On June 26, 2002, a car crossed the median on Route 111 in Pepperell and slammed head-on into the motorcycle of US Army Reserve major Robert Raneri, who was on his way to work.
Raneri was killed. His girlfriend buried him in the crisp, new Army uniform he had purchased for their wedding, meant to be held that week. Two weeks later, she discovered that she was pregnant with their child.
The driver responsible for the crash was a 19-year-old who had fallen asleep at the wheel. He admitted to police that he had been awake for over 24 hours, playing video games with friends.
In response to that high-profile tragedy, Massachusetts amended the state licensing program to set stricter penalties for nighttime driving and increase driver education on fatigue for the youngest drivers, junior operators ages 16½ to 17.
Young people are especially vulnerable to the effects of sleep deprivation: They fall asleep more easily than adults and are less likely to pull over and nap, says Charles Czeisler, chief of the Division of Sleep and Circadian Disorders at Brigham and Women’s Hospital.
But did the new driving rules make a difference? The answer is yes, according to a study by Czeisler and colleagues published in the June issue of Health Affairs.
Prior to 2007, junior drivers who violated a restriction on unsupervised nighttime driving (midnight to 5 a.m.) received a maximum fine of $35 for a first offense and $75-100 for subsequent offenses. Under the new law, violators now face 60-day, 180-day, and one-year license suspensions, with mandatory driver’s education for repeat offenders.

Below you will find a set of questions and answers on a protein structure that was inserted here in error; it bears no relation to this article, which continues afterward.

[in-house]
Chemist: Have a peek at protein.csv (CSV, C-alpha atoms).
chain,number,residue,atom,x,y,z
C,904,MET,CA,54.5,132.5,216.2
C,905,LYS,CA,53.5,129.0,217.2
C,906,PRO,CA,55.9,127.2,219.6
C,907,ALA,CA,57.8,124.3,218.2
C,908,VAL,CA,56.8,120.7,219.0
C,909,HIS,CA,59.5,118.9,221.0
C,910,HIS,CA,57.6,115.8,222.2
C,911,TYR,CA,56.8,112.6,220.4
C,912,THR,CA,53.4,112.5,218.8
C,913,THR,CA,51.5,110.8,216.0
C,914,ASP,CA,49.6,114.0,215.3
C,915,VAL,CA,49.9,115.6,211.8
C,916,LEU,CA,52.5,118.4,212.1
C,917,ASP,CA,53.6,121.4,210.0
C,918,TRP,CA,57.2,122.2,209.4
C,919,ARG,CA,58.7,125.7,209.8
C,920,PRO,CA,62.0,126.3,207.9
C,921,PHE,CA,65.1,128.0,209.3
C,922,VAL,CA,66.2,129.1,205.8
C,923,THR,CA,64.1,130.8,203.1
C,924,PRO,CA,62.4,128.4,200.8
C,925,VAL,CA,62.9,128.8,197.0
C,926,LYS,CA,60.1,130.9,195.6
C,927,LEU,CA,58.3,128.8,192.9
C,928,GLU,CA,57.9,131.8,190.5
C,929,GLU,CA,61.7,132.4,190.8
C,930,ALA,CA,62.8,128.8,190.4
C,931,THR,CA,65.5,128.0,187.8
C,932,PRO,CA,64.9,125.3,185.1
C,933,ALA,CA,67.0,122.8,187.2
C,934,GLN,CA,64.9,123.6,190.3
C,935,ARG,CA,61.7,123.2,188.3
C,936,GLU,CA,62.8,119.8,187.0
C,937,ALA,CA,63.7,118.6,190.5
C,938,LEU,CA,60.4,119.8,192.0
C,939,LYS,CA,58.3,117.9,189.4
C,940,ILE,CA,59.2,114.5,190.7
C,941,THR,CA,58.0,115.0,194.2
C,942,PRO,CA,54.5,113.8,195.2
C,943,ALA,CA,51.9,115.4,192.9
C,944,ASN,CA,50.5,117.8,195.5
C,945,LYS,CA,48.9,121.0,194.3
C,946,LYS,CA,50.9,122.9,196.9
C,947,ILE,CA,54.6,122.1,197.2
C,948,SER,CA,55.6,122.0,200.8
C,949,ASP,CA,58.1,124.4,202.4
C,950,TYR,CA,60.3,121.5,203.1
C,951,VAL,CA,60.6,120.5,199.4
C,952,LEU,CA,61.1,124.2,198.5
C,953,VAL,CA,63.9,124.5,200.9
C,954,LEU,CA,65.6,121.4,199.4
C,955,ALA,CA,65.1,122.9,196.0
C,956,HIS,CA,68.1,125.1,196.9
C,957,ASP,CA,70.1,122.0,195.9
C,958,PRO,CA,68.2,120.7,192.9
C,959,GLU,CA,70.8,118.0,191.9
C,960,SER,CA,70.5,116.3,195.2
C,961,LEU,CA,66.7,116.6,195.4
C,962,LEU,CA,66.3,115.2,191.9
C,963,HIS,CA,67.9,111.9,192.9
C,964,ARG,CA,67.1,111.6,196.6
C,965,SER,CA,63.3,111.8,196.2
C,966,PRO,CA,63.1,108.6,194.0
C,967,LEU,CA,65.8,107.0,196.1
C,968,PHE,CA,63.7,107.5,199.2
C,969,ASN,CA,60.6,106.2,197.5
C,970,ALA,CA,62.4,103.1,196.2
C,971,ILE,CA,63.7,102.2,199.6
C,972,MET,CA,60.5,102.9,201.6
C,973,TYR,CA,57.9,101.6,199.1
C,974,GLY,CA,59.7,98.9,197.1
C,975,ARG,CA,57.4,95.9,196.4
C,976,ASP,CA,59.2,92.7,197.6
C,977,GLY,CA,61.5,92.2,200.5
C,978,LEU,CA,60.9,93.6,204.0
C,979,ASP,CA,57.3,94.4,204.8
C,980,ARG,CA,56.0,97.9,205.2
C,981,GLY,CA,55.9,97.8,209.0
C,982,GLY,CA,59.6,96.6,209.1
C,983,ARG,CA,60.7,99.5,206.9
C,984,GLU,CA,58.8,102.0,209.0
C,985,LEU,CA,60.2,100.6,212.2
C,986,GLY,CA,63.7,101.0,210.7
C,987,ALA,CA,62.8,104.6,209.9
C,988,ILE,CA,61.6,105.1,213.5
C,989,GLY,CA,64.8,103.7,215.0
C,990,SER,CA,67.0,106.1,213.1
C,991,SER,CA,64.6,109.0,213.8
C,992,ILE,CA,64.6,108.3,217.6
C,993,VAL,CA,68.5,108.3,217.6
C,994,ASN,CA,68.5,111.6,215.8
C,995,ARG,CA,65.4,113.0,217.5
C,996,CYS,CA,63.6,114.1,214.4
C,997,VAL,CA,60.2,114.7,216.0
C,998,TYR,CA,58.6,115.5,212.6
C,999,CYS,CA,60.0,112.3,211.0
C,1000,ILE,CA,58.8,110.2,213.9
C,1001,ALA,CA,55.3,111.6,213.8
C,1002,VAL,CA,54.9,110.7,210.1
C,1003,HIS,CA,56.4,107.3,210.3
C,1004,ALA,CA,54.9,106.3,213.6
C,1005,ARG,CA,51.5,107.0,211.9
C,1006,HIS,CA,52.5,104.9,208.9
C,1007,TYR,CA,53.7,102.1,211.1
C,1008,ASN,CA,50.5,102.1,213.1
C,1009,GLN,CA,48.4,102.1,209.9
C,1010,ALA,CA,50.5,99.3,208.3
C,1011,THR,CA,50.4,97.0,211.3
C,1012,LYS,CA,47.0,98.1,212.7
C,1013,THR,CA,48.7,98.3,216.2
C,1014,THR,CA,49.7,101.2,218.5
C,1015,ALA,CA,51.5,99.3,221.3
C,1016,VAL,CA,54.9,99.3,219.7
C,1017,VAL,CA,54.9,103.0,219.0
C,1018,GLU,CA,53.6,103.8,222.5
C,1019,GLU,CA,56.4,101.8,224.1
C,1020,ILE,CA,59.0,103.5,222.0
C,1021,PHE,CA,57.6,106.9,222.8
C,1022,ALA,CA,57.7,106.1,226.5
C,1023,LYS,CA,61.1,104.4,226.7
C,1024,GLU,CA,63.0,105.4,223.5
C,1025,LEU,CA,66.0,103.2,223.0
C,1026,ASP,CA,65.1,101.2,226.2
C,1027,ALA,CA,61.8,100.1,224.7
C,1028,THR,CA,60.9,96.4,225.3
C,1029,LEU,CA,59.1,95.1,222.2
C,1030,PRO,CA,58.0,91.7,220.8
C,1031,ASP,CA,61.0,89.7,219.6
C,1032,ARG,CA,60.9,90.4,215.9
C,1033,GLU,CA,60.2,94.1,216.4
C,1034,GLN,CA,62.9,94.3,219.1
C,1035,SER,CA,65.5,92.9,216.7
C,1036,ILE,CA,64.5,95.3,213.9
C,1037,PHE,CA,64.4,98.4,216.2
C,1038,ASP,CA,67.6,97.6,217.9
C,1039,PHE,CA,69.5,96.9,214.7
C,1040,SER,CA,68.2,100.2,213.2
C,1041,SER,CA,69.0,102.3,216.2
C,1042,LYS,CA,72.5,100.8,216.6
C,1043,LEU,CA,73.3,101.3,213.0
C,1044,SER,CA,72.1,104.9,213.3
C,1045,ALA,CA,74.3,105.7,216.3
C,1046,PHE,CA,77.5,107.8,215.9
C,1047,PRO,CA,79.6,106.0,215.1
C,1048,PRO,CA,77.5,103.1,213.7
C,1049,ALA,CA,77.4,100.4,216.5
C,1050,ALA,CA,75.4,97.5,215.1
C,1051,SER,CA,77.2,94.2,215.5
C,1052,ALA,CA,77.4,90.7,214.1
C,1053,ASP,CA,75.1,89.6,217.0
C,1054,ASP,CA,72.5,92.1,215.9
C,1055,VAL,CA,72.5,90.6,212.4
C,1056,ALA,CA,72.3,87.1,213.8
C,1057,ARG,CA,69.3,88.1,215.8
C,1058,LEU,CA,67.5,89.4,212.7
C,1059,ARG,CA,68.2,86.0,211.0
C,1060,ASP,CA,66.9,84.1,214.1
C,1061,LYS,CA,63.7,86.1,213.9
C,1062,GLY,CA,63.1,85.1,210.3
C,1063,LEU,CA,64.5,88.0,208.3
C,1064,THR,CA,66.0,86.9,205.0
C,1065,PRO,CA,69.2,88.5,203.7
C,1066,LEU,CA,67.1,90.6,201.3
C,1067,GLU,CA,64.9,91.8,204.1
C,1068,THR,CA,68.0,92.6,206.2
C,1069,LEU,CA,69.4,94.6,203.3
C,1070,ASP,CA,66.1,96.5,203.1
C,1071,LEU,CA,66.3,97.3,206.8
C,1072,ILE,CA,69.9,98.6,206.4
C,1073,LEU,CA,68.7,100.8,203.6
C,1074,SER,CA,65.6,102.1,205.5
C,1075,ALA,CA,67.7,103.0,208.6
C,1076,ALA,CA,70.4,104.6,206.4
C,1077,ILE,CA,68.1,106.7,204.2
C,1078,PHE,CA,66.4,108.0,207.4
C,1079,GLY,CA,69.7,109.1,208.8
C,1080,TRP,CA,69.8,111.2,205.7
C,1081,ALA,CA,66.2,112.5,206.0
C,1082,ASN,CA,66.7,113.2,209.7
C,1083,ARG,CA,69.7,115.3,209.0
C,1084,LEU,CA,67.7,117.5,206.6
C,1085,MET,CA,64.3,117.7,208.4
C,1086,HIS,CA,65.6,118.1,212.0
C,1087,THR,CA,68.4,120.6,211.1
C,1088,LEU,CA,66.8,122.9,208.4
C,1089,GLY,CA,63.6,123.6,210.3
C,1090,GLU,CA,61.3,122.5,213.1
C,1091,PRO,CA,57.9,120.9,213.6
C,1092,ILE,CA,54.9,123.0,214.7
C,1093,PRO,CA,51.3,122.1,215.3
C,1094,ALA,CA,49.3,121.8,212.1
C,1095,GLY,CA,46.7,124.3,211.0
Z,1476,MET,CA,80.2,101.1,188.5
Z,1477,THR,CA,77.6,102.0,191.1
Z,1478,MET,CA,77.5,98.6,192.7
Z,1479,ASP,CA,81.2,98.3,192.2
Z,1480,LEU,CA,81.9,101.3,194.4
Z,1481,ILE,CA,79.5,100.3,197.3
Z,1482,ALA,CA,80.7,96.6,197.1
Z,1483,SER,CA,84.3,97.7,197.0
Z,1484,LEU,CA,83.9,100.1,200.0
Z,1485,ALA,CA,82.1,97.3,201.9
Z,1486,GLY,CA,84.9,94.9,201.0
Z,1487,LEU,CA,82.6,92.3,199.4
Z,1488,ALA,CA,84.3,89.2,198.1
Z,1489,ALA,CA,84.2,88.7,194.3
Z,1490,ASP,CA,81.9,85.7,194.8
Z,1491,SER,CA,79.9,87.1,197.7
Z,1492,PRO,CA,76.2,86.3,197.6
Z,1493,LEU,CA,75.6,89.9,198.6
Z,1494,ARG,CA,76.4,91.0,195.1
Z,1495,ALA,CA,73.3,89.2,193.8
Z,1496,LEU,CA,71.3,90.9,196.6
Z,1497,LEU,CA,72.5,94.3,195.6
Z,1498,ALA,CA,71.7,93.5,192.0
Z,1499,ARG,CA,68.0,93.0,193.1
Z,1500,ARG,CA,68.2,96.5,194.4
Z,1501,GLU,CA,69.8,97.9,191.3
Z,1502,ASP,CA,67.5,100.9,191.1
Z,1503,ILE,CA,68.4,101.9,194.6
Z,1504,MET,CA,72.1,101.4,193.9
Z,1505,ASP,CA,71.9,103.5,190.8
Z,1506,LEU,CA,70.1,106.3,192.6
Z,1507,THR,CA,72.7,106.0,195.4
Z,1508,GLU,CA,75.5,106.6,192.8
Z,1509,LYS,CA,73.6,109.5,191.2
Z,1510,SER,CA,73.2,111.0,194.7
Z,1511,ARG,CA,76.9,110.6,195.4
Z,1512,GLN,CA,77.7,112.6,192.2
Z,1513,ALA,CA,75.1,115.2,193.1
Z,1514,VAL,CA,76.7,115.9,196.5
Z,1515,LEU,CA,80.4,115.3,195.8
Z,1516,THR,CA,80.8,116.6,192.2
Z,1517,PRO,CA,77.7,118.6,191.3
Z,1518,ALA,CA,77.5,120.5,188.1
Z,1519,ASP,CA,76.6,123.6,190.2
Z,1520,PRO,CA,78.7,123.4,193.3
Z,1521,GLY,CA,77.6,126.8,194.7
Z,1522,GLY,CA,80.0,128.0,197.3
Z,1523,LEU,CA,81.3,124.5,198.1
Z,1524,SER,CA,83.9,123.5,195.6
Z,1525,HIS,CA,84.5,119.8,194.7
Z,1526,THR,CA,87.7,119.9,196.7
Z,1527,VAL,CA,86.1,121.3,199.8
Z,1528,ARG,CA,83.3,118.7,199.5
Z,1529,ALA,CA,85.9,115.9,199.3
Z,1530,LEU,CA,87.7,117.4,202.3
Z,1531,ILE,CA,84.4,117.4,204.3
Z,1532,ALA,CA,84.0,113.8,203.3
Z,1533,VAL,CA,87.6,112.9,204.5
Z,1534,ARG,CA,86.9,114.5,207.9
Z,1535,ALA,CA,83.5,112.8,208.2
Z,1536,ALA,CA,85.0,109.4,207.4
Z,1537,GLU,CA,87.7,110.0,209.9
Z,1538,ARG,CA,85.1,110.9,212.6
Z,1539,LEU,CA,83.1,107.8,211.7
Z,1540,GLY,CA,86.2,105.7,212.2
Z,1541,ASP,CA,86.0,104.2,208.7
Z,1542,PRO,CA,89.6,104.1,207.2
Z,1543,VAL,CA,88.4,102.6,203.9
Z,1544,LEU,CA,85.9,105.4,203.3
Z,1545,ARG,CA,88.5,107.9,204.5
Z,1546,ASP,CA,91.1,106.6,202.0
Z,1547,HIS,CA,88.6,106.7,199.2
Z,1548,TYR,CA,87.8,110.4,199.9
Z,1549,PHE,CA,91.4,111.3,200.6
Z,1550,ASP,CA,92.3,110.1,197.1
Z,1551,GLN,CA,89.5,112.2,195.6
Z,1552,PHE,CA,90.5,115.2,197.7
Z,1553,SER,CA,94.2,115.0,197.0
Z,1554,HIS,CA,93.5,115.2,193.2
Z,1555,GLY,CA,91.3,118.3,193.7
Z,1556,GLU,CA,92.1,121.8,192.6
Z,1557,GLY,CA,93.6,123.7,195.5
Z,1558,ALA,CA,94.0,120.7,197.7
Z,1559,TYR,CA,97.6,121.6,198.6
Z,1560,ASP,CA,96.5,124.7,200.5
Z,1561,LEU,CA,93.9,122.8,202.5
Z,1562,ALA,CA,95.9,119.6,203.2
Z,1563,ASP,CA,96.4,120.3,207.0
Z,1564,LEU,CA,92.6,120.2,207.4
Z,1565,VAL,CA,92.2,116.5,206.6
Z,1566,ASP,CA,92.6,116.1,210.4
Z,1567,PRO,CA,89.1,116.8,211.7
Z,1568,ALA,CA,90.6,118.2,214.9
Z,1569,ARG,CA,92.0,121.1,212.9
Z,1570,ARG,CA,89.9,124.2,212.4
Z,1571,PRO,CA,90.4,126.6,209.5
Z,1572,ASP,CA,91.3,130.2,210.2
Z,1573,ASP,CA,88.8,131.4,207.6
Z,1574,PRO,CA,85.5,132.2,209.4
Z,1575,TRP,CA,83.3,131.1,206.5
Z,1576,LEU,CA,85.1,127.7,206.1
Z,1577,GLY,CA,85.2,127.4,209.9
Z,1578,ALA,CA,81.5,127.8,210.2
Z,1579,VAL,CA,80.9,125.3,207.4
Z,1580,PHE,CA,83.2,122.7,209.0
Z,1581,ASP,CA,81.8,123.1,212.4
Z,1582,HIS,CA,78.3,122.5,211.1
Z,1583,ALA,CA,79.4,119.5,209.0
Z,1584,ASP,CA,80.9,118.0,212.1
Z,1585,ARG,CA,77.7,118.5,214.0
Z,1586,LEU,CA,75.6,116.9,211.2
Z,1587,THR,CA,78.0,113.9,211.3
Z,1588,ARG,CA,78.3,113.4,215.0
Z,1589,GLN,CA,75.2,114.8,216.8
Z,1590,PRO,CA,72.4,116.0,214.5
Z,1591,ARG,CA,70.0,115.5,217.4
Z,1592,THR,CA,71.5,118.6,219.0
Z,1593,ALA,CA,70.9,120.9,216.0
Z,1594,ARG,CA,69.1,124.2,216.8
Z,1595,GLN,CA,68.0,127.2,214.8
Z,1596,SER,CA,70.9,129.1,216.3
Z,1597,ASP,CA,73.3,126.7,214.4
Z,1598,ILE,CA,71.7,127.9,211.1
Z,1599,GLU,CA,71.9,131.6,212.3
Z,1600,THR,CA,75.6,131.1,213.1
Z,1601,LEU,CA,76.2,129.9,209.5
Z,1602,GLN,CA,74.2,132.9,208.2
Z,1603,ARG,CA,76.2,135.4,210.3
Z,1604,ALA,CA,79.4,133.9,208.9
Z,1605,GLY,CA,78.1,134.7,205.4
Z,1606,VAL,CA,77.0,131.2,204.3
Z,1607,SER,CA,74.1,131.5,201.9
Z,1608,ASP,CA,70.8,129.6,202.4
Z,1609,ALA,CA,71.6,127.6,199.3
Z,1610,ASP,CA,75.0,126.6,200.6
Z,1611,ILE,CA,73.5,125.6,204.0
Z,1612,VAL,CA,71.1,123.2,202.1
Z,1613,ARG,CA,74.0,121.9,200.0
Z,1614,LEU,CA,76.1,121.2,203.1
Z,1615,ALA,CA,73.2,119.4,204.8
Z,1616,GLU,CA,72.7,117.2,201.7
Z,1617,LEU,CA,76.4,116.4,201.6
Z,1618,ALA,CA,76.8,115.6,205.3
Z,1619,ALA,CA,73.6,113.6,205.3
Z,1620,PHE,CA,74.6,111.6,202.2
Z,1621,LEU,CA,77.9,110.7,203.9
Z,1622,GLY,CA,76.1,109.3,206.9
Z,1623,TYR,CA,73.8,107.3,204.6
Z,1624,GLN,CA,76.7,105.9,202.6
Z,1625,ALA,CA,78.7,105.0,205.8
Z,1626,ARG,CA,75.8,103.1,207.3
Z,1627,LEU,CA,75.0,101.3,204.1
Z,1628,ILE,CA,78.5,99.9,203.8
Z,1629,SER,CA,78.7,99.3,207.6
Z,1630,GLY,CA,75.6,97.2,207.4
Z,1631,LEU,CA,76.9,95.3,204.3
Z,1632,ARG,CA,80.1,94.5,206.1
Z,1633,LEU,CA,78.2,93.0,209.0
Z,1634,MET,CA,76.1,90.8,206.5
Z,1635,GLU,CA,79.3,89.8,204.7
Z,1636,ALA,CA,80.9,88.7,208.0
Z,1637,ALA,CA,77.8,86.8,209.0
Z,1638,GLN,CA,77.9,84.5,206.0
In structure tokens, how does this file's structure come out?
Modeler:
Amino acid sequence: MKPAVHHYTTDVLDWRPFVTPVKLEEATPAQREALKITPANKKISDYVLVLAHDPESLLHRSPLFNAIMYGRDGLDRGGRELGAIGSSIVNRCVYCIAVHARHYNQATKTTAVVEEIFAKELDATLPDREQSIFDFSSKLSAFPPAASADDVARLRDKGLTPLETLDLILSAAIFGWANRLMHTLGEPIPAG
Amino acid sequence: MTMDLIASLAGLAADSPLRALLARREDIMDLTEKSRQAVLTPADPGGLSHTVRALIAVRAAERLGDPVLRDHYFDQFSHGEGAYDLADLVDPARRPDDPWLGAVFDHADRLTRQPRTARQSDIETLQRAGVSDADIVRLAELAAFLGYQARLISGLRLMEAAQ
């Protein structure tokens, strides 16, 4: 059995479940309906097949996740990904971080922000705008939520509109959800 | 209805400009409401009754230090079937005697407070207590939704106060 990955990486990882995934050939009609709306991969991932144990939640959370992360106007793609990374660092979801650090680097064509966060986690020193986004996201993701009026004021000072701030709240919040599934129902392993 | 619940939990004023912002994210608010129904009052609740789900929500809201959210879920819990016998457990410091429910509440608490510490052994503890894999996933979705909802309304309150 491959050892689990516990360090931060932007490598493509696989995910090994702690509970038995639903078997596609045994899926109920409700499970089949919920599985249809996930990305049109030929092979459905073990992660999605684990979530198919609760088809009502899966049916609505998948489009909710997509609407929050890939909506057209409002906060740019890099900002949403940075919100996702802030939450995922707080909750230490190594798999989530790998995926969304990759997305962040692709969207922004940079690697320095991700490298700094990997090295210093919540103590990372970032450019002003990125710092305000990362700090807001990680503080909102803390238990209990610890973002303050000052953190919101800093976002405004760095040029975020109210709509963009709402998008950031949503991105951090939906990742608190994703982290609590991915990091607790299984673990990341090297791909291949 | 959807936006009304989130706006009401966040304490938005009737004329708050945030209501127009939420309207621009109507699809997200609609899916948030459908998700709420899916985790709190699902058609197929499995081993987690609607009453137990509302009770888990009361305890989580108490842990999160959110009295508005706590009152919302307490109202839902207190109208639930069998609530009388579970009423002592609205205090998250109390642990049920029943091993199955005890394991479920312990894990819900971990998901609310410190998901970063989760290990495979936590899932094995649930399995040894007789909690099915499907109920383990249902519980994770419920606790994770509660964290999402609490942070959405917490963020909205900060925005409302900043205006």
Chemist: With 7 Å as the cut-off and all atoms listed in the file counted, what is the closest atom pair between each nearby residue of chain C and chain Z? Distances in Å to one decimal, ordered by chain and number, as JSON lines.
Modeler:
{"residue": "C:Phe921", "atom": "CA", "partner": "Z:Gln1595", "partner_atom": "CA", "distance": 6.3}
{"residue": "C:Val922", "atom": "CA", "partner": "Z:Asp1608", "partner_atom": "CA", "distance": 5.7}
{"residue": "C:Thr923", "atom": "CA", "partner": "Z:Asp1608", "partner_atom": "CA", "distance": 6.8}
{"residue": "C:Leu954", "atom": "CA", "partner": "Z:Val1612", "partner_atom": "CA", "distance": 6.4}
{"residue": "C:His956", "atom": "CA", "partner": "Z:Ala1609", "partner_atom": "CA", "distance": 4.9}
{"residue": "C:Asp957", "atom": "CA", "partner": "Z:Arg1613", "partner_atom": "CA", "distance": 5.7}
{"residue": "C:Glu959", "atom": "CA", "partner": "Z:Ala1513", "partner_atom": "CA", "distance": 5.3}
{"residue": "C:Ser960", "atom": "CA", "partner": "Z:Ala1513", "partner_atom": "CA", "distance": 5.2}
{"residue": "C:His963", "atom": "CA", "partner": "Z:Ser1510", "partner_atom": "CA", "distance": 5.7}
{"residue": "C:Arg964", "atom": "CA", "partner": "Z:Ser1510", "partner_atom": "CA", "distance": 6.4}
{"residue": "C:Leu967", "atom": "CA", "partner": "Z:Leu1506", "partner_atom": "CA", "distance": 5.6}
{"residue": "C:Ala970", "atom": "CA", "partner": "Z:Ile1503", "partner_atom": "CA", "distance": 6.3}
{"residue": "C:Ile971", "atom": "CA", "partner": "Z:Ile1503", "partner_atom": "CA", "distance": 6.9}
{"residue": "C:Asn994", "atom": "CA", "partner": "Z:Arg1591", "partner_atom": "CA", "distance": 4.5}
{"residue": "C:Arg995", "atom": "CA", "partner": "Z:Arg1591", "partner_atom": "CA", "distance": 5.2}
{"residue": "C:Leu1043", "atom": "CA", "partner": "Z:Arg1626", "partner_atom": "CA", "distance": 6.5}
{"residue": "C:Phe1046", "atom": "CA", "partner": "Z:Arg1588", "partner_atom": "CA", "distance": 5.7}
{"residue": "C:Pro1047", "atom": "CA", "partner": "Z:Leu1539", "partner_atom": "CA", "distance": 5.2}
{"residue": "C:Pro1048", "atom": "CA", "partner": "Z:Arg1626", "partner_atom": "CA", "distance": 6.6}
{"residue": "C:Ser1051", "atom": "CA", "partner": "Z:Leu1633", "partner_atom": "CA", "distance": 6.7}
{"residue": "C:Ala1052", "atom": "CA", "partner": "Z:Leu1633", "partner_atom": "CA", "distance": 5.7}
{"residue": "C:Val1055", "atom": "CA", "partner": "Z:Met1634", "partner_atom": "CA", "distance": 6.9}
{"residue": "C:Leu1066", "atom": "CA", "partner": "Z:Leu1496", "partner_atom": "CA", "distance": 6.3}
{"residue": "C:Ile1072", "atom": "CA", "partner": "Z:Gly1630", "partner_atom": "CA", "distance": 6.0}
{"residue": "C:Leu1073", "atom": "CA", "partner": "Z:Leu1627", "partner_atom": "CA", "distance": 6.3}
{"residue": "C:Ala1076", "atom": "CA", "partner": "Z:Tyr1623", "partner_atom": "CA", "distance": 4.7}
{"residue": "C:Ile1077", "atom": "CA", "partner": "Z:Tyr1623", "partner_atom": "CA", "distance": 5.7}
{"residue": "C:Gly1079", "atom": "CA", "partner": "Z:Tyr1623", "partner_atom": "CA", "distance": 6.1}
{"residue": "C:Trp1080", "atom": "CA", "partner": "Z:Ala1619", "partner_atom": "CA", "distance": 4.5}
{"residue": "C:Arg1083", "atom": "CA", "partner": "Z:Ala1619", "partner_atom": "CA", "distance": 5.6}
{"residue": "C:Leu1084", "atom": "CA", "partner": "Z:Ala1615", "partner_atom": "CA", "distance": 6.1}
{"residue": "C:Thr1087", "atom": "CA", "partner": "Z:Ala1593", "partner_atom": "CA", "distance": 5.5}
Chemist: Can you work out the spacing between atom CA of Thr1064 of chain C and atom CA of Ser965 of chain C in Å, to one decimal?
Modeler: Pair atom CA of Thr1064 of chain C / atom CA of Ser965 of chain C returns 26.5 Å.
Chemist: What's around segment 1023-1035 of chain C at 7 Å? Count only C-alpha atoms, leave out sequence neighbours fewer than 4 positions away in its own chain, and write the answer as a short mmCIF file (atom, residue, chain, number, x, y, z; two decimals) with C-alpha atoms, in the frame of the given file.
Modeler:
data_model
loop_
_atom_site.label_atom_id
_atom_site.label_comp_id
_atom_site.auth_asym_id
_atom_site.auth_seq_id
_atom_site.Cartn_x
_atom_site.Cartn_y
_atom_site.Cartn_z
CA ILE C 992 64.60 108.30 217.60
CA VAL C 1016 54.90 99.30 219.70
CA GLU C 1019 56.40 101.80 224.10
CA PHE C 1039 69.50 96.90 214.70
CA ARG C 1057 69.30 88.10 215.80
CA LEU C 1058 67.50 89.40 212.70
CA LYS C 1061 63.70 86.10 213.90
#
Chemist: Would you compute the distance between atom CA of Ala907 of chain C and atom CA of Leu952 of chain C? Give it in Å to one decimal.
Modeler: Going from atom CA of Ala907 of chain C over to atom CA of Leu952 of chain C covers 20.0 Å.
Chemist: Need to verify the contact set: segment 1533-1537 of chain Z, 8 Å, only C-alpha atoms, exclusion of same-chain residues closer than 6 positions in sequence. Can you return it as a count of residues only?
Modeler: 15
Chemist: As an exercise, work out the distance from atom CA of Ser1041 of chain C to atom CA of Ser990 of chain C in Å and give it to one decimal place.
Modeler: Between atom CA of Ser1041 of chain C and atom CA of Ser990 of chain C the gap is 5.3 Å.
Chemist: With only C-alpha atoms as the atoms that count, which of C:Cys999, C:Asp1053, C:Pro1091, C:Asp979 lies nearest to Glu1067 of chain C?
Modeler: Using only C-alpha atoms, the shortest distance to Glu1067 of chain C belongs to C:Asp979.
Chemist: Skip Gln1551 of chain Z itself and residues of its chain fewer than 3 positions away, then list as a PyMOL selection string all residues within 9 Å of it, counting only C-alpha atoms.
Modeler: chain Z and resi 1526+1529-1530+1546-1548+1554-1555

Combing through Massachusetts Registry of Motor Vehicle crash reports from the years before and after the rules changed, Czeisler’s group found that the stiffened penalties reduced crash rates for junior drivers by 18.6 percent and for 18- and 19-year-old drivers by 6.7 percent. Overall, the new provisions reduced crashes that caused a fatal or incapacitating injury involving a younger driver by almost 40 percent.
“Over the past eight years, 320 fatal and incapacitating injuries and 13,000 crashes have been prevented by this law,” says Czeisler, who helped draft the legislation.
But there are still improvements to be made, he emphasizes. There are currently no restrictions on nighttime driving for 18- to 19-year-olds, who had the highest night crash rates of all ages in the study.
A targeted education campaign on drowsy driving could help reduce the thousands of deaths and injuries that happen each year due to driver fatigue, especially for young drivers, says Czeisler. “It is so sad to see people cut down at the beginning of their lives because they’re so susceptible to sleep loss.”